Information provision for women about the risk for preterm birth (PTB)


Schlembach D, Simeoni U, Nagy Bonnard L, Bernloehr A, Cetin I, Gente M, Grosek S, Johnston L, Jourdain G, Kainer, Ratnavel N, Rossi R, Roth-Kleiner M, Visser G

© Christian Klant Photography

User group

Healthcare professionals caring for women, perinatal units, hospitals, and health services

Statement of standard

All (pregnant) women receive timely information and counselling about potential risk factors for and signs and symptoms of preterm birth and how to find appropriate healthcare advice. (see TEG Follow-up & continuing care)


Risk identification and education regarding the signs and symptoms of preterm birth are essential components of obstetric care. They should be a routine part of obstetric care, since counselling of women and their partners and early intervention may be effective in reducing the risk of preterm birth. Healthcare providers (be it a midwife, general practitioner or an obstetrician/gynaecologist) should be able to advise and appropriately triage patients at risk for preterm birth. (1–10)

Differentiation between low risk and high risk pregnancies is important to assess the best strategy of preventing preterm birth or managing women at risk. Specific standards of care should be applied to women with known risk factors for preterm birth. Early detection and provision of specialist care may reduce the incidence of preterm birth and the associated fetal/neonatal and maternal complications. (1–10). Although for the majority of preterm births the cause may be uncertain, there are specific risk constellations that women and healthcare professionals should be aware of.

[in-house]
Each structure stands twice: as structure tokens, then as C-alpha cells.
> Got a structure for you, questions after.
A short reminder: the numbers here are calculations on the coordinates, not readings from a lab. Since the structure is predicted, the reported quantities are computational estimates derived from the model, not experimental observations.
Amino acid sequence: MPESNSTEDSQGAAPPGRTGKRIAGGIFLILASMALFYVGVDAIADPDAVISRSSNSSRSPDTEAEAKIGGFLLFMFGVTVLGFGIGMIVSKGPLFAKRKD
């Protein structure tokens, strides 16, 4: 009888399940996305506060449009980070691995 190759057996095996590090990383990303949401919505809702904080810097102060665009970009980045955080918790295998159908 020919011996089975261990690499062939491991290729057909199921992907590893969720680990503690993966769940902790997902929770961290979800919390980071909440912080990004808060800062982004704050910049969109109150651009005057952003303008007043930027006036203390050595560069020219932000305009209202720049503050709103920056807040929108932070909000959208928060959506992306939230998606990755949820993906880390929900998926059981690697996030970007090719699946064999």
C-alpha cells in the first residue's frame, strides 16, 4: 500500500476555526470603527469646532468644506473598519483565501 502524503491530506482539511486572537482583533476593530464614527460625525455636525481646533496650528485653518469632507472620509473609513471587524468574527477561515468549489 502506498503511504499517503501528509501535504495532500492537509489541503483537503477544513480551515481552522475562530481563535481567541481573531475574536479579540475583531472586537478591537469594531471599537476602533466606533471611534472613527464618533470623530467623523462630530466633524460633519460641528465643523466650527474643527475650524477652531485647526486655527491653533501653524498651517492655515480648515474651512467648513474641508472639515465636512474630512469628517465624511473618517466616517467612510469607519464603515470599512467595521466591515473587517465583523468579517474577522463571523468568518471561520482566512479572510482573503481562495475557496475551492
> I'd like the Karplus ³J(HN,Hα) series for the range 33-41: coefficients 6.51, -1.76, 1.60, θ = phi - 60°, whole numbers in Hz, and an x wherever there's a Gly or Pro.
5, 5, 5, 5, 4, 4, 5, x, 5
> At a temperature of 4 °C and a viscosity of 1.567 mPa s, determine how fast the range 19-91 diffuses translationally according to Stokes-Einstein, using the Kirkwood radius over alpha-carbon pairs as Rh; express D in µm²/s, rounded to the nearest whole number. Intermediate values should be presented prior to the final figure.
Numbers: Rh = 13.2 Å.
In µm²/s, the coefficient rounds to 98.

Criteria/risk factors for preterm birth include pregnancy related factors, demographic and behavioural factors, underlying medical conditions of the mother and fetal conditions (detailed information see table at “description”). (1–10)


Short-term benefits

  • Better informed women and partners (6,11–14,17,20–24)
  • Improved pregnancy follow-up (4,11,15,17,20,21)
  • Earlier recognition of impending complications (4,11,15,19–21)
  • Earlier transfer/referral to a specialist (4,11,15,17,19–21)
  • Better and earlier initiation of prophylactic or therapeutic regimens (4,11,15,17–21)
  • Reduced perinatal mortality and morbidity (12,15–21,24)
  • Reduced maternal mortality and morbidity (12,17–19,23,24)
  • Reduced healthcare costs (12,17)

Long-term benefits

  • Improved short- and long-term outcomes (mother and infant/child) (consensus)
  • Reduced healthcare costs (consensus)
  • Increased population awareness about pregnancy complications (consensus)


Components of the standard

Component Grading of evidence Indicator of meeting the standard